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Monday February 8 2016
4:05 PM EST

The science of tooth decay

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The science of tooth decay

Lots of people love to drink a glass of juice or coffee in the morning. Do you know these substances can be harmful on your teeth?

The acids in these drinks eat away at the tooth's hard outer surface, or enamel. And this is how:

The shell of an egg is composed of the same mineral (Cacar) compounds as your teeth. Let’s see what can happen to your teeth over time with continual exposure to these common acids: coffee, pop, apple juice and water.

When a tooth is exposed to acid frequently, this acid can cause the enamel to continue to lose minerals. This is beginning of tooth decay. The eggs that have been exposed to acids have soft shells or the shell has completely decayed.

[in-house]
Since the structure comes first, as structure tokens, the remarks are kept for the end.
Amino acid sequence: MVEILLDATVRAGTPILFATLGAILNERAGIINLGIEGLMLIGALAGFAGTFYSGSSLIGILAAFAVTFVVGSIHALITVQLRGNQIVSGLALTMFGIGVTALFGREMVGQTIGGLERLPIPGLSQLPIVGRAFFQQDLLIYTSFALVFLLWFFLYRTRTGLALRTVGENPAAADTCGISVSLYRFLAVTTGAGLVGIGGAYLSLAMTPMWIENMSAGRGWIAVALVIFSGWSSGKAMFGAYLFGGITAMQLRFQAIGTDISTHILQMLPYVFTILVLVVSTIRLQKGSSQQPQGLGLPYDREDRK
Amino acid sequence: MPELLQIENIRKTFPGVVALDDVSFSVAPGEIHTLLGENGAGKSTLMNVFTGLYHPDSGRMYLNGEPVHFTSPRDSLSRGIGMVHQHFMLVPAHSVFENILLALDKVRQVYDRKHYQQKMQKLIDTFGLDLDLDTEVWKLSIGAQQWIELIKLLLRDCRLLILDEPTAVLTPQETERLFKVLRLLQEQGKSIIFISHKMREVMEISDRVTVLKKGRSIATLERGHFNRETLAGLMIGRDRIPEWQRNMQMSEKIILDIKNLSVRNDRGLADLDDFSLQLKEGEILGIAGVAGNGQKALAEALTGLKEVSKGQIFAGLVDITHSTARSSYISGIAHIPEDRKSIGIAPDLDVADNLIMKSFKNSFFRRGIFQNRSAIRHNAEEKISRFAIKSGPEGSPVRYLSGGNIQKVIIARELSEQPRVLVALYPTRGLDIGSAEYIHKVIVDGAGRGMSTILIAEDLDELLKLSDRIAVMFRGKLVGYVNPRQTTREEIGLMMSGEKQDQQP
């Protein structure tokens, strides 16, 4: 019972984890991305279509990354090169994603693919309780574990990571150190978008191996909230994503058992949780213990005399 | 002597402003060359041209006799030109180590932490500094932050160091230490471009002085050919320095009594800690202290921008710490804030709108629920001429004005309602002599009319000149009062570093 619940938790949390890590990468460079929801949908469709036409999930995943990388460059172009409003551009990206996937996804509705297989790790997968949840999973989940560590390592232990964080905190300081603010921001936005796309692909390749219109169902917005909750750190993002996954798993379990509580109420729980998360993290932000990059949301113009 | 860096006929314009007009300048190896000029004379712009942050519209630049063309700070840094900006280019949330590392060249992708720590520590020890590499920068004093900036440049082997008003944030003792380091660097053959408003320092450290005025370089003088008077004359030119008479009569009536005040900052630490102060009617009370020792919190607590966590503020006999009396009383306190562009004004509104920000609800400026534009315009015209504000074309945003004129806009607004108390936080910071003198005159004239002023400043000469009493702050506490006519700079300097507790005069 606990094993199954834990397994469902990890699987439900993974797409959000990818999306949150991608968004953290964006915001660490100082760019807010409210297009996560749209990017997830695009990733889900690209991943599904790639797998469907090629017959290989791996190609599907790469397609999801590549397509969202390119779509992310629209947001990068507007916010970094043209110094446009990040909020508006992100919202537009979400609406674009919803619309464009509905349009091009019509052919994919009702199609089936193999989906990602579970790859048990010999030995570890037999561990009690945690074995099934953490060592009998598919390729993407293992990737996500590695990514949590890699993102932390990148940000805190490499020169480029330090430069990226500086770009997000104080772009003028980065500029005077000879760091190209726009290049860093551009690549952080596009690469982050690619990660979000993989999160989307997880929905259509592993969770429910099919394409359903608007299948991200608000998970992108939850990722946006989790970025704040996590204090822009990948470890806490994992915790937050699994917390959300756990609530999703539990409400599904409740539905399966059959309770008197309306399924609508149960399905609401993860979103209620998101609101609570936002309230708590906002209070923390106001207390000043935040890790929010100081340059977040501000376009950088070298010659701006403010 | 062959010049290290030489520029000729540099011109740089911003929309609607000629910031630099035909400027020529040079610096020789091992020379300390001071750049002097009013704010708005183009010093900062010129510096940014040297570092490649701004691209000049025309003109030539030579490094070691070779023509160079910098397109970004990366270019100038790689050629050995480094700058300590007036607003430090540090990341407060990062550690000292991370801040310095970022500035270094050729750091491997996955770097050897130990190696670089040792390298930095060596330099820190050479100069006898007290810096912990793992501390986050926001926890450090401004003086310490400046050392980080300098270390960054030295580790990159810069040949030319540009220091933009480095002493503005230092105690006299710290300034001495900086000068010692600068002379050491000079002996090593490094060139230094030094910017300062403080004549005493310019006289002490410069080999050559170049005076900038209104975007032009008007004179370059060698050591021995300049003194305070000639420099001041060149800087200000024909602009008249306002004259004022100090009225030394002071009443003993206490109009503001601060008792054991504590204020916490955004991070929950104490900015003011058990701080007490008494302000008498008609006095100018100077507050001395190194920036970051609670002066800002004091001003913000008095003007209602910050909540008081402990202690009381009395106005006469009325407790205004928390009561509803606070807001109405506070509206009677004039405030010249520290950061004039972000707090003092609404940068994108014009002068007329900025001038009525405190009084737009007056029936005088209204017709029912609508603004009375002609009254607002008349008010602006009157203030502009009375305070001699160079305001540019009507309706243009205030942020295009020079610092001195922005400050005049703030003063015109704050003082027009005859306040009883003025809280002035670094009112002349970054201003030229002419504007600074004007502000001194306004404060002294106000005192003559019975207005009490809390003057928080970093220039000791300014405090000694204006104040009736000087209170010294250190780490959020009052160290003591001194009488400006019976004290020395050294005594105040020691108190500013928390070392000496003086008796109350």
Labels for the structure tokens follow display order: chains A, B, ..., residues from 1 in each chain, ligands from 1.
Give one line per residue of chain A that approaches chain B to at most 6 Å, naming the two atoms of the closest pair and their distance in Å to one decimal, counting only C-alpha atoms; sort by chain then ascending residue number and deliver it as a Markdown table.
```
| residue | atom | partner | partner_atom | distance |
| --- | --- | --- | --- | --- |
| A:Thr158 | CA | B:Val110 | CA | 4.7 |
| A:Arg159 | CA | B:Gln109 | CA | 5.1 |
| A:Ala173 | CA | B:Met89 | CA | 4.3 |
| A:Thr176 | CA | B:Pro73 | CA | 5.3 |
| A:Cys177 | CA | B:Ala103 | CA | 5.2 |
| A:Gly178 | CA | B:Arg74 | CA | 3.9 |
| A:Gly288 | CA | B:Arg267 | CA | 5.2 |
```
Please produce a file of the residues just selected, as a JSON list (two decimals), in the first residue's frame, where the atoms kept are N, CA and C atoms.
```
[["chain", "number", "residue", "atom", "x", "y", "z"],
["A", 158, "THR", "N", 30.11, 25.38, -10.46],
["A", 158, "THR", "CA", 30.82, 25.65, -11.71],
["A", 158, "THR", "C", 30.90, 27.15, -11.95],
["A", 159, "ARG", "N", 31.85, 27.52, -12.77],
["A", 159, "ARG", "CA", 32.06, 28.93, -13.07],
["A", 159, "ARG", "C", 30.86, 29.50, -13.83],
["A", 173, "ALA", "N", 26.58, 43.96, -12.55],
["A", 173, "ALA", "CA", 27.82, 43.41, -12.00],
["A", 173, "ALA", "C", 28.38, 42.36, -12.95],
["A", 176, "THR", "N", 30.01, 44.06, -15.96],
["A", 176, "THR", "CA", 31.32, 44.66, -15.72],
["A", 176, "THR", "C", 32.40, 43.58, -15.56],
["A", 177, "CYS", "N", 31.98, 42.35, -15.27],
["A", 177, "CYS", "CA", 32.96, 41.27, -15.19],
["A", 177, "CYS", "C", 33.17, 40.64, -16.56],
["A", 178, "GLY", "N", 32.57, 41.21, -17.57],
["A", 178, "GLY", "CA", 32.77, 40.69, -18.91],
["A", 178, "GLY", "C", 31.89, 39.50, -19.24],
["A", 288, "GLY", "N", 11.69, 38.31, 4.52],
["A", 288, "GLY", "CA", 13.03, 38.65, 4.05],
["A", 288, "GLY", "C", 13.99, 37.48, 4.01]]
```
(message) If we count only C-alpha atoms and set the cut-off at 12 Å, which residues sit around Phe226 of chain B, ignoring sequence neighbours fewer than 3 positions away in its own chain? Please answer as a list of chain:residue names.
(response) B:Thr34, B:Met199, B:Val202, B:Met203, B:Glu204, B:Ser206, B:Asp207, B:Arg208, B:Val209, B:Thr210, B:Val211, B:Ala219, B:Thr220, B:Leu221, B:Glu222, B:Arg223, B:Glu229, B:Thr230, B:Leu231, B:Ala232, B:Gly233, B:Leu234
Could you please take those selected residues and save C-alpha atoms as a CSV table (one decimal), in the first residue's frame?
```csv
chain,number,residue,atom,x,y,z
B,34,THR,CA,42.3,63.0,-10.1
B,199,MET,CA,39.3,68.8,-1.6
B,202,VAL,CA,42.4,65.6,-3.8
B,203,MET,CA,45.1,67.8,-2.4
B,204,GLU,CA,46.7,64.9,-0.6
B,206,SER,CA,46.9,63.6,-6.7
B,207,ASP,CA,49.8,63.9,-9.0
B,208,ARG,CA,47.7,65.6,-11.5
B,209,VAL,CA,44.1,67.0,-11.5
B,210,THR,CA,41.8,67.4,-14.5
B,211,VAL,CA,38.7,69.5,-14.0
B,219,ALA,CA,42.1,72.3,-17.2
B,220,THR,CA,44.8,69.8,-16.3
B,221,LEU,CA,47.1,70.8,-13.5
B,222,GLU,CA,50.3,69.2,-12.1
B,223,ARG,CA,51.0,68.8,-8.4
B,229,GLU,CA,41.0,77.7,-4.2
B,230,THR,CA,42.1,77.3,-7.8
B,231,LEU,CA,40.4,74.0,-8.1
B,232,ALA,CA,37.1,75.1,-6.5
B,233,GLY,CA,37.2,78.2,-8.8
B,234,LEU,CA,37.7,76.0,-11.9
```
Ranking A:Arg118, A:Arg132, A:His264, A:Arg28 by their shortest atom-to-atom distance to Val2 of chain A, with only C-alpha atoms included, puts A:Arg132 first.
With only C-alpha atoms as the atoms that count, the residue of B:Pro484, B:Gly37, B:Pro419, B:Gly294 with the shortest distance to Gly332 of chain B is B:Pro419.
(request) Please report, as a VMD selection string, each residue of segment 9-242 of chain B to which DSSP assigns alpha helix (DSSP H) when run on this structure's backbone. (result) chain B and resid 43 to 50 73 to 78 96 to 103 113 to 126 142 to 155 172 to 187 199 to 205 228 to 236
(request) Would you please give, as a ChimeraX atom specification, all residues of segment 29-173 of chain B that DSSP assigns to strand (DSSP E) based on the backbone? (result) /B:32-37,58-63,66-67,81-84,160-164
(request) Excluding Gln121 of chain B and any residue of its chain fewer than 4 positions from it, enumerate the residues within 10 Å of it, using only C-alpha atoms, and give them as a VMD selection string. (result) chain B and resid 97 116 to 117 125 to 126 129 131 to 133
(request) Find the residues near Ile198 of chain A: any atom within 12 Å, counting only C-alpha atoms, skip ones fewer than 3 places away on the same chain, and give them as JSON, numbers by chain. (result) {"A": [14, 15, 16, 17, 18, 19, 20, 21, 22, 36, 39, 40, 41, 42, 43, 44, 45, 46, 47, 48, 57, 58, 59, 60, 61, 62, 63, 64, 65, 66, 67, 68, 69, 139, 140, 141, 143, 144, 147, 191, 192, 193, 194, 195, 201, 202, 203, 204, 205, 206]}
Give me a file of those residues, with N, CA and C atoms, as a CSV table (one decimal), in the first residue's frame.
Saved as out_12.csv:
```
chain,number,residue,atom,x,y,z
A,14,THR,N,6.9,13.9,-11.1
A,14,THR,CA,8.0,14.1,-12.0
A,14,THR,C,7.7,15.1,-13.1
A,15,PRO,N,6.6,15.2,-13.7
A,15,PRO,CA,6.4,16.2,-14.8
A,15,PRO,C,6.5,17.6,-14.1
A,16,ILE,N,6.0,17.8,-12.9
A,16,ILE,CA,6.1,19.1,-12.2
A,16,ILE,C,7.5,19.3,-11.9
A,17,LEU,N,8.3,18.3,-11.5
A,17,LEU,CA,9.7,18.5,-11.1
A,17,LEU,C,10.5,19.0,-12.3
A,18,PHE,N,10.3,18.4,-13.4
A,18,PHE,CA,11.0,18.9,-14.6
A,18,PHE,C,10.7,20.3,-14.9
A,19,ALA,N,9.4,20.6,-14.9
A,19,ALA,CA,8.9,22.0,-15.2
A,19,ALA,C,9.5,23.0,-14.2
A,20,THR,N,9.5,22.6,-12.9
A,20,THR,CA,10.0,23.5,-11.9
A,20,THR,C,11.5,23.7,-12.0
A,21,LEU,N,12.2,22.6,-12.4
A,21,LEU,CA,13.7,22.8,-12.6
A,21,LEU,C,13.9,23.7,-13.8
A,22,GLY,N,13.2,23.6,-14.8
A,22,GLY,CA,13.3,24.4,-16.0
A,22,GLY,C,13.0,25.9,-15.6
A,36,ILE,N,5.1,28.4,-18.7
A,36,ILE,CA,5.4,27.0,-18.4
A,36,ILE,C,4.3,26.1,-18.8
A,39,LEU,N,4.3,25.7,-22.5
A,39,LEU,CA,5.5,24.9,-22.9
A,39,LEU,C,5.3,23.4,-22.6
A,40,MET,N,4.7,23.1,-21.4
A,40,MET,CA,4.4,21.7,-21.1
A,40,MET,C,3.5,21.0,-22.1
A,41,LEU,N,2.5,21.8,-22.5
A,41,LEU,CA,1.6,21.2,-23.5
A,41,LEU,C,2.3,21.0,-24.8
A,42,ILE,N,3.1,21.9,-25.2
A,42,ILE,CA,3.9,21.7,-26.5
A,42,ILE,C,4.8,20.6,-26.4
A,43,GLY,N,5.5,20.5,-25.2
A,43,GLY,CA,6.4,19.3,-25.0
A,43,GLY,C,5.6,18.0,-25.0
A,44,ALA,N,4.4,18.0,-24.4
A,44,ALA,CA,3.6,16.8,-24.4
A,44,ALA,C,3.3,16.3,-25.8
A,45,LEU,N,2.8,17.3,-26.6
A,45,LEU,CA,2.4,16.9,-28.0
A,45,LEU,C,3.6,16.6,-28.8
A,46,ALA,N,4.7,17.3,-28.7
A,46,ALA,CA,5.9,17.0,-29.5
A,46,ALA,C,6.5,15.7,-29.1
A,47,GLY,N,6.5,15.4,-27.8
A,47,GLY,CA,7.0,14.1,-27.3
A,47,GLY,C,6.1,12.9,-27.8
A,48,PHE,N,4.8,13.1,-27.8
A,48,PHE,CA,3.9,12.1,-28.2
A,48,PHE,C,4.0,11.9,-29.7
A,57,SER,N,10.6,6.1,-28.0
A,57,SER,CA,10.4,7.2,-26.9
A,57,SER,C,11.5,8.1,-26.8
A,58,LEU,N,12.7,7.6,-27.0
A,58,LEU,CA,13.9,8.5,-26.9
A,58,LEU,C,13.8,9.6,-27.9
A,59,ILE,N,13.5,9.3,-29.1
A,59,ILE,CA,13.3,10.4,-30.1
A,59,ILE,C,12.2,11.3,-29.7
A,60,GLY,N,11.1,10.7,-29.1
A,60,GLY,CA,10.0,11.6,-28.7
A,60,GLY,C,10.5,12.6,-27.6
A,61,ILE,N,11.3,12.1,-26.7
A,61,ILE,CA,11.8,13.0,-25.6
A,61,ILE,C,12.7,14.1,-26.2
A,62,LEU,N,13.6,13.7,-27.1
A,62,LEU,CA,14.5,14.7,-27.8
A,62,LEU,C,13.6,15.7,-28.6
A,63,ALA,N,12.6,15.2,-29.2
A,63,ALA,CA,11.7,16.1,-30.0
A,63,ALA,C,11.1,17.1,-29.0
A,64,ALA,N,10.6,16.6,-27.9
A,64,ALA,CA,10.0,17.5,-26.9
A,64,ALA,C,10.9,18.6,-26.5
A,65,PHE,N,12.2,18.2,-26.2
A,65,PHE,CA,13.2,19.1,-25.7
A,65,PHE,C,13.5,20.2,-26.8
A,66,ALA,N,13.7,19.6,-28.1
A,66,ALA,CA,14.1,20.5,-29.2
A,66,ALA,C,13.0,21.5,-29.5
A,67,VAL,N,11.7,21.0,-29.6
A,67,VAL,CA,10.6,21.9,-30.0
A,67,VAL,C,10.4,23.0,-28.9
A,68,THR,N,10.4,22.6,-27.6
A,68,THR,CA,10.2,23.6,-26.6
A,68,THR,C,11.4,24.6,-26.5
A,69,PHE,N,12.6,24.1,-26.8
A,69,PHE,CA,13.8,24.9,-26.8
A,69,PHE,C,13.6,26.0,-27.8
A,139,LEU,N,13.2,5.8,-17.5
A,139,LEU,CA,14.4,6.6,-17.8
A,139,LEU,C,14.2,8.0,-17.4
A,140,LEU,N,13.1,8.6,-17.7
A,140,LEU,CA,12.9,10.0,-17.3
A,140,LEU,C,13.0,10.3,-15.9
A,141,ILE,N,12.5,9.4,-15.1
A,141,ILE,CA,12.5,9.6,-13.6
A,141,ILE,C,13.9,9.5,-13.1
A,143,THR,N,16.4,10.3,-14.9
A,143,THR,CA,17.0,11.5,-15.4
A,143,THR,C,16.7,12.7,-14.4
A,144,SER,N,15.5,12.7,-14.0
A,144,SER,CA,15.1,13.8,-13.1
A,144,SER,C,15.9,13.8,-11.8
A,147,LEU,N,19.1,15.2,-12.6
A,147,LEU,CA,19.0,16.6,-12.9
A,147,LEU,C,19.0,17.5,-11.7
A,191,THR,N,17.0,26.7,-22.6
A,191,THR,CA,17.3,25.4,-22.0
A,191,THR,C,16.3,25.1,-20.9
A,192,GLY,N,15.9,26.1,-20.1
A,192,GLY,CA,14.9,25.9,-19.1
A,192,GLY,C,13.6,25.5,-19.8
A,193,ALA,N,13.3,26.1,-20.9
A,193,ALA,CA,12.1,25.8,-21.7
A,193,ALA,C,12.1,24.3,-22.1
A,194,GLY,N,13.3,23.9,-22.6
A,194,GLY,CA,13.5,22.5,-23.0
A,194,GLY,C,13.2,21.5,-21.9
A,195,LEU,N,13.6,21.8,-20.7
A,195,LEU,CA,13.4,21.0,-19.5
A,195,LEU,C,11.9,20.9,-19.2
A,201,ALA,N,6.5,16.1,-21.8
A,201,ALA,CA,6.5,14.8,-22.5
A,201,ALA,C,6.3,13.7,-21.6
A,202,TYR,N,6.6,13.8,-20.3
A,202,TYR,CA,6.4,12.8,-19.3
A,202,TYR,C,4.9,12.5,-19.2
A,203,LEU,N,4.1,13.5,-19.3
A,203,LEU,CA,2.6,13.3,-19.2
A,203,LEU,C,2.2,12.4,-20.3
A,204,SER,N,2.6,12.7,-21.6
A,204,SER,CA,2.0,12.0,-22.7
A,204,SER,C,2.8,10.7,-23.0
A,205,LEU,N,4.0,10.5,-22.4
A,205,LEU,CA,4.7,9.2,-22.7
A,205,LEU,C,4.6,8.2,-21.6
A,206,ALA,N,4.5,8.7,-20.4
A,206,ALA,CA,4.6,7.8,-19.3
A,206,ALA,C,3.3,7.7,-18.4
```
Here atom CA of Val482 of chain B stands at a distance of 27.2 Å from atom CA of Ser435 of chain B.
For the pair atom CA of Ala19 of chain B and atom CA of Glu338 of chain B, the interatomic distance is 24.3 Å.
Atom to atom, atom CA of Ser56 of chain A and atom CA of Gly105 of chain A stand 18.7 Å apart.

But tooth decay can be stopped or reversed. Enamel can repair itself by using minerals from saliva, and fluoride from toothpaste through a process called “remineralization”.

However, if the tooth decay process continues, the enamel is weakened and destroyed and a cavity is formed. And that cavity is permanent damage that a dentist has to repair with a filling.

Want to avoid cavities and longer visits to the dentist?

Make sure you brush your teeth after eating or drinking. And include fluoride in your dental care to prevent and repair tooth decay.